March 12, 2019 at 8:20 am
Dava Davin, Principal, Portside Real Estate Group
Will technology make real estate transactions a whole lot easier? The number of single-family home transactions in Maine has been flat for the last three years and is not expected to increase any time soon. This is a reflection of the economy, age of Mainers, and an inventory shortage. But could it also be that buying and selling homes is a royal pain in the rear for most people, preparing their homes for strangers to walk through, tons of paperwork, and the terrifying unknowns being able to find their next suitable home? With this in mind some companies are trying to shake things up the way Uber disrupted transportation and Netflix changed home entertainment.
Let’s take a step out of Maine for a moment. $100 billion of commissions are paid per year in the United States. Residential real estate has been sold the same way for decades, but we are starting to see change in other parts of the country as consumers would like to see a simplified method for transacting real estate. Millennials will account for 45% of buyers in 2019. Millennials, and frankly all consumers want information and action ON DEMAND, they don’t want to leave voice mails or send emails and WAIT, they prefer just to push a button on their phone and take an action. So, an enormous amount of money is being invested into technology to get a bite into the real estate industry and that $100 billion of commissions. The historical void of innovation in real estate has opened a world of opportunity for startups that are attracting billions of dollars from venture capitalists.
The VC world is all about PROPTECH (short for property technology) — a relatively new term referring to the sector of startups that create new products or business models for the real estate market. This is the future of real estate market.
The players in this space are VERY powerful. Global venture capital investment in real estate innovation was $12.6 billion in 2017.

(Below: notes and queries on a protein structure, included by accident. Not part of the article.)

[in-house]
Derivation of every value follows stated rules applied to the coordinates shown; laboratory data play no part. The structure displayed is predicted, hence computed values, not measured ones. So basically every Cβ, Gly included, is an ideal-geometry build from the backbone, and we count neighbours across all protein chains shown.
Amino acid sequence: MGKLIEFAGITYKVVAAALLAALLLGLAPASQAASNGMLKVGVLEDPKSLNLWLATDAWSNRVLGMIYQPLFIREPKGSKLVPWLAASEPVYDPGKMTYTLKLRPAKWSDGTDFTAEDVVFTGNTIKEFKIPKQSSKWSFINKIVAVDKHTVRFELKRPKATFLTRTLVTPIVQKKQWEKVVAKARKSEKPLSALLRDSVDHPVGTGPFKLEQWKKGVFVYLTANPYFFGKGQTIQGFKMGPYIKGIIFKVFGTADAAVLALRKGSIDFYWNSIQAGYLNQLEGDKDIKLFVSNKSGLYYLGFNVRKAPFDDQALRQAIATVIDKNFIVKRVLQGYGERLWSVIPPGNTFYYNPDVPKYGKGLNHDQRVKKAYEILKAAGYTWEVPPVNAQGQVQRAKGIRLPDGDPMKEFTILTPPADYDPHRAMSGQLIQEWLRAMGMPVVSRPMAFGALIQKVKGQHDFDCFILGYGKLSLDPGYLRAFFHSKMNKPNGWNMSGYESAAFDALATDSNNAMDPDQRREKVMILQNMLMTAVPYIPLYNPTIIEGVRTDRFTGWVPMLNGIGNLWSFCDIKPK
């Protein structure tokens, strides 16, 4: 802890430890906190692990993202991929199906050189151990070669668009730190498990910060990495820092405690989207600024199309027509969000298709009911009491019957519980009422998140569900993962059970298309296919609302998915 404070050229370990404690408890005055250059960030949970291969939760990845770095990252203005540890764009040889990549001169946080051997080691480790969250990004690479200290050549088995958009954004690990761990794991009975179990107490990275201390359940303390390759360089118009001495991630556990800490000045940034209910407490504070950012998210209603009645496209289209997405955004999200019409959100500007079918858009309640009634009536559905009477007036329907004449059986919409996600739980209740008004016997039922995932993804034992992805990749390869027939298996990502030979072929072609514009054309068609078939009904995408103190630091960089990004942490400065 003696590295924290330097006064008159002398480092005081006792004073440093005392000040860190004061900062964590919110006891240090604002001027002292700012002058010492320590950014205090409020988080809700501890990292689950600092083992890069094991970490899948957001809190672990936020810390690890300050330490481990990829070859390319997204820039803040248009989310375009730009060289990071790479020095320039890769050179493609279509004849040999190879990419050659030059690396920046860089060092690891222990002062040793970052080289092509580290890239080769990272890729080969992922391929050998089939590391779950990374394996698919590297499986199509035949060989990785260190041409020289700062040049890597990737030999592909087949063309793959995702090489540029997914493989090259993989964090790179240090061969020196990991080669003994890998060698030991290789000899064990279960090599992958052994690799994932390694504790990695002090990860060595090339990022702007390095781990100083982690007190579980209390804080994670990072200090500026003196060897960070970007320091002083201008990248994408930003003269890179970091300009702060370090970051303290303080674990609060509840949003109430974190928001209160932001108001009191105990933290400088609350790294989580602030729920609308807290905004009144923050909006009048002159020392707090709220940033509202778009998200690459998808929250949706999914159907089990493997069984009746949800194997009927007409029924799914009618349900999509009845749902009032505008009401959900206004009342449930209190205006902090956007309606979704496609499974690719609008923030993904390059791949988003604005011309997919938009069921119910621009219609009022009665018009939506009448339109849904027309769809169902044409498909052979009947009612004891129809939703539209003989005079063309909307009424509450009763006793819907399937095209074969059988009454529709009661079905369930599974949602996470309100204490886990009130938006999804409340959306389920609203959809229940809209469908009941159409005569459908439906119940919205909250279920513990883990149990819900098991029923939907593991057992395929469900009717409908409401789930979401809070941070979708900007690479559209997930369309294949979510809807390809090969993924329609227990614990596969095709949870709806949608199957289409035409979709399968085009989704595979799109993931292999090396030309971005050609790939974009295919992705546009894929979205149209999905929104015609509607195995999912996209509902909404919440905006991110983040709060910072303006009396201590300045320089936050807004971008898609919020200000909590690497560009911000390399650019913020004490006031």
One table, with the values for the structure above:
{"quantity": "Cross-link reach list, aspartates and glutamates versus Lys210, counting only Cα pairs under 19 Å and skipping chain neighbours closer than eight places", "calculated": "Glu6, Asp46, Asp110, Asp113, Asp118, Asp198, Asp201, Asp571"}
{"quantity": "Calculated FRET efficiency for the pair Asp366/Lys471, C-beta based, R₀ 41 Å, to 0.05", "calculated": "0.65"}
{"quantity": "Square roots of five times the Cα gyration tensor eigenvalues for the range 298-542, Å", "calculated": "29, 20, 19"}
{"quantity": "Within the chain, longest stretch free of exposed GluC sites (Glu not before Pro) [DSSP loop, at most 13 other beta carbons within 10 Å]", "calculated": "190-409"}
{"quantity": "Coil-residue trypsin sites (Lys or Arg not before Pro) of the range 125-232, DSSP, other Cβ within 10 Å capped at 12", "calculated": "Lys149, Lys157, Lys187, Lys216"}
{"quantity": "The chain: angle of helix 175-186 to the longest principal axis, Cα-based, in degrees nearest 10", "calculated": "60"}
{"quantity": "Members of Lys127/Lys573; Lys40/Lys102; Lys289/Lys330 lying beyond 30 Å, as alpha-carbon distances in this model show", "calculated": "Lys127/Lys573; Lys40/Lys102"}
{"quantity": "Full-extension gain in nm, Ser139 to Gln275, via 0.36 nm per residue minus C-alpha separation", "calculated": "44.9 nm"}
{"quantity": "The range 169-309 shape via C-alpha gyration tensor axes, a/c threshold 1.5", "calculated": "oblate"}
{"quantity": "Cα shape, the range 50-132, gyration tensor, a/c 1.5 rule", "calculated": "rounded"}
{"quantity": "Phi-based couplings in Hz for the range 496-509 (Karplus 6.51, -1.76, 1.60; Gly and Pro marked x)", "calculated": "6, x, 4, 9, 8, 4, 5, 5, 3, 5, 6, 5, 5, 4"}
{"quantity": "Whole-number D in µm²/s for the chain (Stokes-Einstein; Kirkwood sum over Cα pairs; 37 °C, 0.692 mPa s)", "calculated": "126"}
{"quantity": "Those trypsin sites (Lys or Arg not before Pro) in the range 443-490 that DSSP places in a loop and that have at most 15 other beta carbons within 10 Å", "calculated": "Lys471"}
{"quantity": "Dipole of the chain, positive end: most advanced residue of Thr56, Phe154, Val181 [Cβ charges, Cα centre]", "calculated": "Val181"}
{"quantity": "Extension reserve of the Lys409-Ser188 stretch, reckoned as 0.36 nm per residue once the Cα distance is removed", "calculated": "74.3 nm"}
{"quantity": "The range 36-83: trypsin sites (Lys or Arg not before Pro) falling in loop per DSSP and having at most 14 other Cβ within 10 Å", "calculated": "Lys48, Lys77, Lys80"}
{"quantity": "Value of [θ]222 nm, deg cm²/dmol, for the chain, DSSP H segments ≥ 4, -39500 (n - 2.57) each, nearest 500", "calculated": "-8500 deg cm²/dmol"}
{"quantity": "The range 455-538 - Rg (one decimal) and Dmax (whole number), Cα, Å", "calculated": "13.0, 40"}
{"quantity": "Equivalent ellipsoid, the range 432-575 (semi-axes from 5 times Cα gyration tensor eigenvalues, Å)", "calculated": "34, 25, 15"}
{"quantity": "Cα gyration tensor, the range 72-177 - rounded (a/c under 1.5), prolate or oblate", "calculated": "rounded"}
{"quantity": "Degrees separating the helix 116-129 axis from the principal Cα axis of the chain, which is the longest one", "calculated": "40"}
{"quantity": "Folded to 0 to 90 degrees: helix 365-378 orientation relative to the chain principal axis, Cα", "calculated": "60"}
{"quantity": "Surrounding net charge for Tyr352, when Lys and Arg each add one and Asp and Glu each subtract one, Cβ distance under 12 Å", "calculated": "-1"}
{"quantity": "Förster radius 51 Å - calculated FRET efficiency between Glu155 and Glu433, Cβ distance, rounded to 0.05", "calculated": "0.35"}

One model the proptech companies have launched is the iBuyer. Sellers can trade in their house on-line! An iBuyer is a company that will make a homeowner an offer on their home online within minutes (or days), sight unseen, using an automated valuation tool. If they choose to accept the price, they can close in as little as a couple of days or pick a convenient closing date. The iBuyers tout the selling experience as quick and easy. No need to paint, stage, repair, clean up, have showings and open houses. Yes, these valuations are less than market value, but for a homeowner that needs to relocate for a job, is navigating a sensitive divorce, or a seller that can’t afford to buy without selling and want to act quickly…this could be the answer!
Opendoor, one of the iBuying companies has raised over $1 billion in VC money. Other competitors OfferPad and Knock have also raised quite a bit of money. It is not just startup tech companies investing in iBuyer technology, the traditional real estate players are also bankrolling new technologies. Zillow, Keller Williams, Realogy, and Redfin have developed their own iBuying arms and investing heavily in proptech.
Who is using these services?
Rental giants that used to gobble up distressed sales to grow their single-family inventory can’t do that anymore as foreclosures have dried up. 1 in 10 homes sold by iBuyers are bought by institutional investors. This number is increasing. It is not just big landlords buying through this method, the tight inventory is causing single family rental investors across the country to look for other methods to find inventory to buy. Rental demand is predicted to stay strong in the next decade.
iBuying is still a niche product. If we look at Phoenix, a city with where multiple iBuyers have been operating for years, the sector has only about 4 percent of the overall market. Would this model work in Maine? No, probably not, we have a lot of variety in our housing stock, the values would be difficult to capture without a human visit to the property.
But the venture capital money is allowing proptech companies to keep developing a solution to simplify the home buying process. The iBuying model (or another automated option for selling real estate) will gain in popularity. And that appetite will likely only grow as consumers skew younger and are more empowered by technology. It won’t be this exact model, but once the technology is discovered that does catch on, it will be a rapid change – think about quickly Uber changed how we get around and how Amazon changed our shopping experience.
It will be exciting to watch and be a part of these changes as technology is infused in residential real estate and if/when it will creep into Maine’s market.